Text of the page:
Another user had a negative experience, suggesting that lenders must mark up the interest rate to 30% to 40% to earn a decent profit. On this same Reddit thread, an investor lent bitcoin, but the payment was declined by their PayPal account. Where the issue lies is unclear, but the concerning part is that the investor didn’t receive the necessary support to recover their funds.
For all the complaints, xCoins seems to be responsible to customer messages on social media, particularly Facebook. They just require a transaction number or ticket number. If you have that information, they should be able to help you.
Not all the reviews are negative.
And this one –
xCoins seems to satisfy a need in the market for quick access to bitcoin. And as an investor, you can’t beat the opportunity to earn several revenue streams.
They appear to be focused on strengthening their security and better turnaround times for customer support. But there’s the matter of trust. There are still complaints on social media forums surrounding payments being lost, which is concerning. We recommend you start with a small amount, say the minimum investment of USD 20 and test the waters first.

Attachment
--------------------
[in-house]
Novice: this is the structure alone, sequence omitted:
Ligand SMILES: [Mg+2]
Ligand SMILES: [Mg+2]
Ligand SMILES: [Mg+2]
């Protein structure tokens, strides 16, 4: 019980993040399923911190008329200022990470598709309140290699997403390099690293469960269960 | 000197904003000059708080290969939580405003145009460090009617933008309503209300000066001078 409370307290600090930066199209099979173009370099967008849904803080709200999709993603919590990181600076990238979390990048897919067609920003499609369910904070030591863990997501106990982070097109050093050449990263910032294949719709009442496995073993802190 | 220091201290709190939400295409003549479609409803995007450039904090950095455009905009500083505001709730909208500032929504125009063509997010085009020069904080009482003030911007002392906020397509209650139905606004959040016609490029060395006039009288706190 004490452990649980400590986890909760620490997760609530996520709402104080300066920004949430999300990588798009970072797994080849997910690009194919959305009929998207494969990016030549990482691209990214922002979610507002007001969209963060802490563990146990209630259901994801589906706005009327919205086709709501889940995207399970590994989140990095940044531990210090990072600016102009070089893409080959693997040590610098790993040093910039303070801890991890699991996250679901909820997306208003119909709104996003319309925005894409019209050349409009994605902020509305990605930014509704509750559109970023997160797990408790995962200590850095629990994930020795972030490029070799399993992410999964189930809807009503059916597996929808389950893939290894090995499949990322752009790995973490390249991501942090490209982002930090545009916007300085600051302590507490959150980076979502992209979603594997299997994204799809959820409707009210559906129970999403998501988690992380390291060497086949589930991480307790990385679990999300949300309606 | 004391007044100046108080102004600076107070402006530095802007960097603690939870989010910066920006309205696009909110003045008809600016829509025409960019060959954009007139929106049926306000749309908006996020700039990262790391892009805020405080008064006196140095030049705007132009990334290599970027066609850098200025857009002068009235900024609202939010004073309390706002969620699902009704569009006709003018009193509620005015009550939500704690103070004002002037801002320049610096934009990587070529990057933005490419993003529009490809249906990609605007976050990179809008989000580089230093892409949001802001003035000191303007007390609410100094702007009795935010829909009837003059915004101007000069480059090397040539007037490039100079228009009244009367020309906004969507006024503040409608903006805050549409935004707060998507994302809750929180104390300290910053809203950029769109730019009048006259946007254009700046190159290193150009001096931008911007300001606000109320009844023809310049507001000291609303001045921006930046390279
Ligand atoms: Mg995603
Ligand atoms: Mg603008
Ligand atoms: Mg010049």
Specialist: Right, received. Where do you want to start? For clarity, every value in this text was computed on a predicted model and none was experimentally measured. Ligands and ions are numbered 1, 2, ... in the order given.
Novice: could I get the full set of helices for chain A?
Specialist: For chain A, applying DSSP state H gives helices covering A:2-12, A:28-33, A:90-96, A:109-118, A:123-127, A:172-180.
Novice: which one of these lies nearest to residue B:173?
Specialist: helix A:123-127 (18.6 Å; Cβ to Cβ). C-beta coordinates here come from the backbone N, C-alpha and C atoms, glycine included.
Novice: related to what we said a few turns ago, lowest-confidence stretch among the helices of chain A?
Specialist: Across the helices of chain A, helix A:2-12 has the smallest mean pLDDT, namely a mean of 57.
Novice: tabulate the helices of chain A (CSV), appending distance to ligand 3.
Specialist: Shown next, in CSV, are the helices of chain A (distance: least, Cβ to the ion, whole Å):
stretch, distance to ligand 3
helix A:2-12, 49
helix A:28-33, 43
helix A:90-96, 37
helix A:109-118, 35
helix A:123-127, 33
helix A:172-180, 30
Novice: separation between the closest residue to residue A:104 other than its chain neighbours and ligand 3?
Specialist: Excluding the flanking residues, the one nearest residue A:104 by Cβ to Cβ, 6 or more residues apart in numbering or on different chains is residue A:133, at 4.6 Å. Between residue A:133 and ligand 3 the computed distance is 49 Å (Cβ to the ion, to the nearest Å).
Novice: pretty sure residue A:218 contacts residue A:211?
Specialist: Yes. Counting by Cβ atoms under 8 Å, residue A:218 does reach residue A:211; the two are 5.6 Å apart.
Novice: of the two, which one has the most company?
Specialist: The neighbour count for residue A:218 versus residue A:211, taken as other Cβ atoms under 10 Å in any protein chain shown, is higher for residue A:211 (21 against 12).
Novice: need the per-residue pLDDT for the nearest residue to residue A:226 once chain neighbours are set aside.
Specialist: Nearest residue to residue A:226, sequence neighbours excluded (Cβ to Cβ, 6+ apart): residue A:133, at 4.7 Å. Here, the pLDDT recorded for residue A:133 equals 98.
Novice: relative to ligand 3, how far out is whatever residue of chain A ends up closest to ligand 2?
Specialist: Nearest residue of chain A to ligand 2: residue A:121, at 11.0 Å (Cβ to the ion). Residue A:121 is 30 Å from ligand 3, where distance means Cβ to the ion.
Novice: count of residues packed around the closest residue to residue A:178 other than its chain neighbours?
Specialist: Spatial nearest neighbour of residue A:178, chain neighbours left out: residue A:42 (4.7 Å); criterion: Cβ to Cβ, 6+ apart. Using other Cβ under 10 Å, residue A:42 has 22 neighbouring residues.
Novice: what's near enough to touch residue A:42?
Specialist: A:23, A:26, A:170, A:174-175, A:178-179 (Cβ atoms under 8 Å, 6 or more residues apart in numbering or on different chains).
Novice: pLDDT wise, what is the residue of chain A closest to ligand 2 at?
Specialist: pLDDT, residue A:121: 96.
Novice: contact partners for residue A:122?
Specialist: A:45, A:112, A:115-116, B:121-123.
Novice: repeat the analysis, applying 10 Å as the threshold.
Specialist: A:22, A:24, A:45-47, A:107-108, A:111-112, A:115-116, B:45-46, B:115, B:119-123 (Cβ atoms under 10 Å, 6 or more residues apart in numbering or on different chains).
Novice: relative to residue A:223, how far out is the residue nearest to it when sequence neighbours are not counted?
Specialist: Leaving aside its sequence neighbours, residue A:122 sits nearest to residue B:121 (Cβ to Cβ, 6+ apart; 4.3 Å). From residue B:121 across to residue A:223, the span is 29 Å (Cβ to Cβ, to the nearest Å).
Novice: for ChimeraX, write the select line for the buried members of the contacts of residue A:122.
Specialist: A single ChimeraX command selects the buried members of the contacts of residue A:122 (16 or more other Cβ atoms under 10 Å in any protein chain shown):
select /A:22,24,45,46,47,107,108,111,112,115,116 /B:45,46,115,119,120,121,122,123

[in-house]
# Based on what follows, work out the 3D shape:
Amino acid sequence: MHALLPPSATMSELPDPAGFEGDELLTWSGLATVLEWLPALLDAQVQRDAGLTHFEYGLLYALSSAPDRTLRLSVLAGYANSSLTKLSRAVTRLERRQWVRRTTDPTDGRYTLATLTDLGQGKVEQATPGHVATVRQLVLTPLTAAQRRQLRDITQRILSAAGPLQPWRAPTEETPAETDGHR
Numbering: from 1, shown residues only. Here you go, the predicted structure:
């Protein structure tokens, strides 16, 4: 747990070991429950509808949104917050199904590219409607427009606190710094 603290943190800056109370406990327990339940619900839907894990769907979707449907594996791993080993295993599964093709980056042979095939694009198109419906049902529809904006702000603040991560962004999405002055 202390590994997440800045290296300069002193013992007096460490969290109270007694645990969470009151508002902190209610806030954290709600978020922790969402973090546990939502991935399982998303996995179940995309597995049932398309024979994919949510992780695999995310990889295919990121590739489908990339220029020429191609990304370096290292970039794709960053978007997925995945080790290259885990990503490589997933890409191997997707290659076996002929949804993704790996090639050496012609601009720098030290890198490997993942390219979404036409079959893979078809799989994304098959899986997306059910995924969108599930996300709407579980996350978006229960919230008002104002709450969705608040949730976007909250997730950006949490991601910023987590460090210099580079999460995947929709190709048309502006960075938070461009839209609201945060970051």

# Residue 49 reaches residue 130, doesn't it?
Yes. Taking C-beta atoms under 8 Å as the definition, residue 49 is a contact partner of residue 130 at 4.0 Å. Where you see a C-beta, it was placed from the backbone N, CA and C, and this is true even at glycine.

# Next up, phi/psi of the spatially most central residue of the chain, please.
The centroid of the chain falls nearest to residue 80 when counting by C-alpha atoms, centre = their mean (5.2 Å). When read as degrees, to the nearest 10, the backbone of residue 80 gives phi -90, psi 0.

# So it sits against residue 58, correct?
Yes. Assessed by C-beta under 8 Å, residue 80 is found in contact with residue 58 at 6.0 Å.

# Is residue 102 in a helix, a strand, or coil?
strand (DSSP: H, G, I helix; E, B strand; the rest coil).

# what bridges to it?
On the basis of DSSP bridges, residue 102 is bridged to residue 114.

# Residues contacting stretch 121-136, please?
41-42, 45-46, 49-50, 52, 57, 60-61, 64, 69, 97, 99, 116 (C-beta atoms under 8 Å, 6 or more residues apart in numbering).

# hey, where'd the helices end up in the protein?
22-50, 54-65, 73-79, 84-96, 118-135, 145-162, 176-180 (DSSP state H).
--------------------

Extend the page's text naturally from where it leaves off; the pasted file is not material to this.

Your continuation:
If you’re lending, just be aware of the risks surrounding PayPal suspending your account. If both lenders and borrowers could use the bank transfer option, that might help to alleviate some of the issues. It’s not perfect, but for those who don’t run into any issues xCoins does what it says it will do as a P2P bitcoin lending platform – provide quick access to bitcoin and for the lender an opportunity to generate profits.
If you need to reach xCoins, unlike most trading platforms they provide contact details, including their phone number: +1 (310) 589-4556 or email: [email protected] If you have a transaction number, include it in your email.